A Chinese film-maker wants to raise a Japanese ship that was sunk in 1942 with hundreds of British prisoners of war on board. Some of the victims’ families back the idea, but one of the survivors says it’s a war grave, and should be left where it lies.
“We knew we’d been hit by a torpedo. And the ship started listing. That was it,” says Dennis Morley, now 98 but then a 22-year-old in the Royal Scots regiment.
“It was at that time they battened us down. They meant us to go down with the ship – drown.”
On 1 October 1942, Morley was one of more than 1,800 British prisoners of war being taken from Hong Kong to labour camps in Japan in the hold of a cargo ship, the Lisbon Maru.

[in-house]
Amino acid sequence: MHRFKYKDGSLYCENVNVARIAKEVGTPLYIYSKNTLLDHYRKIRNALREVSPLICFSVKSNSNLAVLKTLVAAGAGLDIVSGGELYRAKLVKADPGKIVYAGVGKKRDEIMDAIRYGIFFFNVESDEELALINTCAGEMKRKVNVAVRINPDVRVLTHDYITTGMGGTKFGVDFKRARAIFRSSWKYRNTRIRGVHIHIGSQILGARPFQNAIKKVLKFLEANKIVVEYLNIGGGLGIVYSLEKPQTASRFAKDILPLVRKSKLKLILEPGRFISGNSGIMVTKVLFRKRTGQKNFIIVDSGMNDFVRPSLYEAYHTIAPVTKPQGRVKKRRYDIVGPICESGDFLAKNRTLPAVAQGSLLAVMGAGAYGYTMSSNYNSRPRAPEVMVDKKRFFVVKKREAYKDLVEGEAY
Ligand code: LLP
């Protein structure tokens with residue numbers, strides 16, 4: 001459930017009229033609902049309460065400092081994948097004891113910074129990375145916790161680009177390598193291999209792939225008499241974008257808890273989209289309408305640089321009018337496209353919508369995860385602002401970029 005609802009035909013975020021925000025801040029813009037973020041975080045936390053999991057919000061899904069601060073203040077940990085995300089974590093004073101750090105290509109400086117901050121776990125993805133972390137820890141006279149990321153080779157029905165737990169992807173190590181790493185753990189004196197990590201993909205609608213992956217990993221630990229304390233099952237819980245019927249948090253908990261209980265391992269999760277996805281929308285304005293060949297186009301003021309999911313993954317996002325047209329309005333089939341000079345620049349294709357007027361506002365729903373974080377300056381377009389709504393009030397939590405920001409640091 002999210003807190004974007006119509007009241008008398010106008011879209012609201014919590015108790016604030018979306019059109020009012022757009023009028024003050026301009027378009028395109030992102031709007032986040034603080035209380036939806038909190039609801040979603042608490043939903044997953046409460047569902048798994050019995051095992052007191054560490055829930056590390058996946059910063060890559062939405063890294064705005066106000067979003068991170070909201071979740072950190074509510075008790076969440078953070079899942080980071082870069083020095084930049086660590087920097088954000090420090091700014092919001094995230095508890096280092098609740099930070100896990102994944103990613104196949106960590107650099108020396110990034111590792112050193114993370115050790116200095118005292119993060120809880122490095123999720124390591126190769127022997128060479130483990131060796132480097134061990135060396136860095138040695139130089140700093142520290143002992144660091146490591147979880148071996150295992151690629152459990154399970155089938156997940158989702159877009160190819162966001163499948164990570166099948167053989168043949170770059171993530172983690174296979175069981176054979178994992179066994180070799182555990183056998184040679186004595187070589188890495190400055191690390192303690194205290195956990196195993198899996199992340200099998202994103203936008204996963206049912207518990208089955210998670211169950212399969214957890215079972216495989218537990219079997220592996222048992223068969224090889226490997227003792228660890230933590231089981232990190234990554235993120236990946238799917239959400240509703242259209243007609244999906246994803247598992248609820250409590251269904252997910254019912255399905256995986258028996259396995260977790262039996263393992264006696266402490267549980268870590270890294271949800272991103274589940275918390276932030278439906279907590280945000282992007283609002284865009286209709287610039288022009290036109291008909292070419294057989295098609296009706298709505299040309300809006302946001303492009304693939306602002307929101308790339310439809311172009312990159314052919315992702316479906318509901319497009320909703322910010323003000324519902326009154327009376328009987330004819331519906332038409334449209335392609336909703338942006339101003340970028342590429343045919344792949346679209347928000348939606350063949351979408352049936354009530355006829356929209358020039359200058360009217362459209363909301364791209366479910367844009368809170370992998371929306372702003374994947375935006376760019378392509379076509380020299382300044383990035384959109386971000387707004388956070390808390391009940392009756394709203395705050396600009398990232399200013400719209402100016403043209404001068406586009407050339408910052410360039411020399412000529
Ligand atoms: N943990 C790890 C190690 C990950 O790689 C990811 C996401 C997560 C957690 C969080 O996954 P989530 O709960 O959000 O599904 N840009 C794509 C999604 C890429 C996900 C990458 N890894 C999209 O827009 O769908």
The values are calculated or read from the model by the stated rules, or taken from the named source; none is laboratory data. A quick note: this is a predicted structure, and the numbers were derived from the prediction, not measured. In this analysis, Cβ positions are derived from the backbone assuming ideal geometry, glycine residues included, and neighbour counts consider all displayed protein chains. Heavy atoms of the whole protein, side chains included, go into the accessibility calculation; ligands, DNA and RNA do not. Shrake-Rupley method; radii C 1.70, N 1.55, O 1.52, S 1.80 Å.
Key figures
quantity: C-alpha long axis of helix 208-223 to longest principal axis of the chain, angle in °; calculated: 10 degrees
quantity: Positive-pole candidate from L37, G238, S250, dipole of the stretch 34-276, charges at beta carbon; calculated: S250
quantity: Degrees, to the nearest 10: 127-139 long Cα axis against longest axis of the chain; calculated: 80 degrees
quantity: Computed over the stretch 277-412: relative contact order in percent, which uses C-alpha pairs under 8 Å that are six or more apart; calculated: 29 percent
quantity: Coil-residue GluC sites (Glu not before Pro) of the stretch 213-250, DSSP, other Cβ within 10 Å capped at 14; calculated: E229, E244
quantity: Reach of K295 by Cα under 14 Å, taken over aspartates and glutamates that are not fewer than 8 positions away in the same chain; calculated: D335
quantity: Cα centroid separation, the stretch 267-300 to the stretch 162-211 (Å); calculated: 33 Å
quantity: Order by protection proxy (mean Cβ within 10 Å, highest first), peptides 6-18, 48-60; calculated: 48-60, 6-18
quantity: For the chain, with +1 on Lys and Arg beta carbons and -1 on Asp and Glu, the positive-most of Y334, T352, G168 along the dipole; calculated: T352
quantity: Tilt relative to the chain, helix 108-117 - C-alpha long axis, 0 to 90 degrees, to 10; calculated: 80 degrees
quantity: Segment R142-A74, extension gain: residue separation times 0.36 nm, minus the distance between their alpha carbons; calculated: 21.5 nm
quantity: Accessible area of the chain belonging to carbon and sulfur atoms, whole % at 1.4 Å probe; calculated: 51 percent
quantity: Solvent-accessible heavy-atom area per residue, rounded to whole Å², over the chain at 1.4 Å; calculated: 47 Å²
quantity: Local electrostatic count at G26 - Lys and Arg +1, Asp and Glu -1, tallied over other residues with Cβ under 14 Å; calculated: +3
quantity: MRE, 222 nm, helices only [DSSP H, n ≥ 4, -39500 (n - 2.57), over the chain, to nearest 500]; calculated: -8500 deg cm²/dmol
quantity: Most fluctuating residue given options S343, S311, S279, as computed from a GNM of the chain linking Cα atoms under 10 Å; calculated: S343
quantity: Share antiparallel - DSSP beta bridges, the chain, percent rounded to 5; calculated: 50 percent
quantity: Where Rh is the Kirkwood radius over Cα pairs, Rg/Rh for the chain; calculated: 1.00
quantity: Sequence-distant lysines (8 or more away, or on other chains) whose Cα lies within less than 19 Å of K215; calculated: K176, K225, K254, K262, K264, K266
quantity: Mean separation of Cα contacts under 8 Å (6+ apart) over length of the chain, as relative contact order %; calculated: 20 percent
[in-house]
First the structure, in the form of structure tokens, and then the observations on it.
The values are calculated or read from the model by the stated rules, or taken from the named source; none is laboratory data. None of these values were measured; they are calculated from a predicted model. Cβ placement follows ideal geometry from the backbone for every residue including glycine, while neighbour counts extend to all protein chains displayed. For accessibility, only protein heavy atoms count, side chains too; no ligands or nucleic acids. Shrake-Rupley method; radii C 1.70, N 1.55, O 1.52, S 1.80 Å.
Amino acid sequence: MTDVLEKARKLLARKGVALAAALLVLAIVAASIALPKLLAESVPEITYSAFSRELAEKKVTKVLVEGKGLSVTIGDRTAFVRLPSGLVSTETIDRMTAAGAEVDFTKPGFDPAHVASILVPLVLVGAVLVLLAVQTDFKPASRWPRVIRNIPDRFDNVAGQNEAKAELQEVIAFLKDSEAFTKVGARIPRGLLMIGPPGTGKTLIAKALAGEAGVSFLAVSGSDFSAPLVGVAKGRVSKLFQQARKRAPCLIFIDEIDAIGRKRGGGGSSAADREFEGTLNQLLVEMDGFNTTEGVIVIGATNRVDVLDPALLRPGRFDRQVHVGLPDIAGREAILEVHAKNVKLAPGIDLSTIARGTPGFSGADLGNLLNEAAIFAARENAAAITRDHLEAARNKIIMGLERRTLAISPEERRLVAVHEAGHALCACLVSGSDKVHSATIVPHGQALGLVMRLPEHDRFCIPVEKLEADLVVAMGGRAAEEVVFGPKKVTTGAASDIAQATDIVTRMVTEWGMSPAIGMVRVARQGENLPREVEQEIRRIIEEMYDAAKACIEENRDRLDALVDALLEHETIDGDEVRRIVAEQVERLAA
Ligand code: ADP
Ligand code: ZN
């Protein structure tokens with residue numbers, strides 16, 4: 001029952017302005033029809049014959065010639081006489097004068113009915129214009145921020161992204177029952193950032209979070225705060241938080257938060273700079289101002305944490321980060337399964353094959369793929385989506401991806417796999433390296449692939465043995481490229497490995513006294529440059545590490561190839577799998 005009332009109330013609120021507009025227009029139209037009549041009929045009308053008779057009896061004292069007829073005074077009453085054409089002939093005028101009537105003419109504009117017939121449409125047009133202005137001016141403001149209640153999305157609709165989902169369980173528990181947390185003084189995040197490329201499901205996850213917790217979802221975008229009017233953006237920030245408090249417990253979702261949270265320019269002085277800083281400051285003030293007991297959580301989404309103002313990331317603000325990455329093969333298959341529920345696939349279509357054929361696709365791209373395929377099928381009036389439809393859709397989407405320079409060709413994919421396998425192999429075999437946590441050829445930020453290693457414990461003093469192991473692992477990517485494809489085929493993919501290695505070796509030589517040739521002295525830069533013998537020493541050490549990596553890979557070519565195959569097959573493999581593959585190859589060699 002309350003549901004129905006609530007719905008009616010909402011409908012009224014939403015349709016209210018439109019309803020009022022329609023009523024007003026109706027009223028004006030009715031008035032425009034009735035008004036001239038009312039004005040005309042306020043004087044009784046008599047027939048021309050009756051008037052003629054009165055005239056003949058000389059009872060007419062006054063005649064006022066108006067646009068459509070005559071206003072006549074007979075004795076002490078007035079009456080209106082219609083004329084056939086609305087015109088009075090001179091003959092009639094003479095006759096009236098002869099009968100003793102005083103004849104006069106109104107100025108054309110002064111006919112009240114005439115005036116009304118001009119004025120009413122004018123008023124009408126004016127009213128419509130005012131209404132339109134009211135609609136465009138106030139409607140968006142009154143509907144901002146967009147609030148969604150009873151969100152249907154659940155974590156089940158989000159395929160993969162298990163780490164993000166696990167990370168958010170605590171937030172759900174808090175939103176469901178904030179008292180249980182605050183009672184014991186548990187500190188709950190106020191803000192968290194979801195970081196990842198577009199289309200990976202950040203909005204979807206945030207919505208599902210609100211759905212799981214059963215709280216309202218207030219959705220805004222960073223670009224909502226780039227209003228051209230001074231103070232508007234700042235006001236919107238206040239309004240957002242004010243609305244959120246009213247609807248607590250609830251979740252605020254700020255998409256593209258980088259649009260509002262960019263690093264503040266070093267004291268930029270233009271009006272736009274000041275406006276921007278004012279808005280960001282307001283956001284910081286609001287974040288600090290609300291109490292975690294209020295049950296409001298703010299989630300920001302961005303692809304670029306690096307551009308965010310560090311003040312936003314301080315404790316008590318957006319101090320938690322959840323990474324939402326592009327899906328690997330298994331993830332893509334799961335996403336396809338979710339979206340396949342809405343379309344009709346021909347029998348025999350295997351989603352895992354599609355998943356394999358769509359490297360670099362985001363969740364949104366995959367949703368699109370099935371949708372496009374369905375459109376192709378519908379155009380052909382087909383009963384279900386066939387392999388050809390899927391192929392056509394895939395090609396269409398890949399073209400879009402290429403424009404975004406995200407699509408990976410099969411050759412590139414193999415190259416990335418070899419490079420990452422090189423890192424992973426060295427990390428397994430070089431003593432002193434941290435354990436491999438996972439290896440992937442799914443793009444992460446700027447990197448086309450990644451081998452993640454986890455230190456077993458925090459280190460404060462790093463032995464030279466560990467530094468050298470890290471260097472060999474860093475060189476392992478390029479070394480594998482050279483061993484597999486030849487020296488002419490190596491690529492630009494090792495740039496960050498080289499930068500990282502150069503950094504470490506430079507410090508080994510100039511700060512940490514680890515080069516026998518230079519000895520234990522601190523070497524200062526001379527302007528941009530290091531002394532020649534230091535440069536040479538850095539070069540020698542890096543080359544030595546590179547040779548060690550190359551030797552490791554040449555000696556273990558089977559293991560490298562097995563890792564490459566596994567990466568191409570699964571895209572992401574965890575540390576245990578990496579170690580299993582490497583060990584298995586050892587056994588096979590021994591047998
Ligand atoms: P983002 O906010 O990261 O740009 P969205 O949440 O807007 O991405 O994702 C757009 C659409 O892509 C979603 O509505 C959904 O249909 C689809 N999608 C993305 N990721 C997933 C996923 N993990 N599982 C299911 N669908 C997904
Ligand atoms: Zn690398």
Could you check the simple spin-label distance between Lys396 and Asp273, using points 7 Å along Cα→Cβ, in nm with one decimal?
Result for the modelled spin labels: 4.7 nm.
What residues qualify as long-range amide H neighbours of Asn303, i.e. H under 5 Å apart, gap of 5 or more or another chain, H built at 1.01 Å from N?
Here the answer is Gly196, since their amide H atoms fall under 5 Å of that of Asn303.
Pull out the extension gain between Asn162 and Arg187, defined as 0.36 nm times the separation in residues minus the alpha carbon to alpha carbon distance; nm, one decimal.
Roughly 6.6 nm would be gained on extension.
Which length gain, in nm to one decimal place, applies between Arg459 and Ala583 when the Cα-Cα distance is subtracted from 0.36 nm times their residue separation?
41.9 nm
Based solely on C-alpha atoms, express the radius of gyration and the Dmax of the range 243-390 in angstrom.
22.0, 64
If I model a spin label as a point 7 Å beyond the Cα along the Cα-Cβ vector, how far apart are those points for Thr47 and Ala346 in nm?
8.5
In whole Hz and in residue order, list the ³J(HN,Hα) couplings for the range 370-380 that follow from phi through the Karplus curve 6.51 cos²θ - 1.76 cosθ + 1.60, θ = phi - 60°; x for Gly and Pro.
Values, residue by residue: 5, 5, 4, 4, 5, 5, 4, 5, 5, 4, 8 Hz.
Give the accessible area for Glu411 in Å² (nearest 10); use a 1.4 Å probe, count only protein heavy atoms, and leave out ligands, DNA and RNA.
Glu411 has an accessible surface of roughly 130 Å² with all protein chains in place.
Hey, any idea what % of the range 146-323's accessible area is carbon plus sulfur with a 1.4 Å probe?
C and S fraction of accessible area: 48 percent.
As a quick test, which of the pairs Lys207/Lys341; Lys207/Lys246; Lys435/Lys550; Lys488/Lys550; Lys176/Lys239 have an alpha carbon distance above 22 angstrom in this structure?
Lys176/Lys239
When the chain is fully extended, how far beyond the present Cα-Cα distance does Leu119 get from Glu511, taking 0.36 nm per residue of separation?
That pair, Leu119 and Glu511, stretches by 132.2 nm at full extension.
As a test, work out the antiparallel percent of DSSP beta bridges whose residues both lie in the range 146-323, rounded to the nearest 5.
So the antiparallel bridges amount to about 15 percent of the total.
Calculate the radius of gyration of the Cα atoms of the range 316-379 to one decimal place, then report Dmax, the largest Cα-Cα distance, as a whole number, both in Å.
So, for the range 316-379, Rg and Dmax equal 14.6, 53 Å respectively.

Conditions were appalling. At the bottom of the hold, Morley remembers being showered by the diarrhoea of sick soldiers above him, “swimming in excreta, virtually”. After the ship was torpedoed they were given no food or water – and once the hatches were covered by planks and canvas they sat in the dark, running short of air to breathe.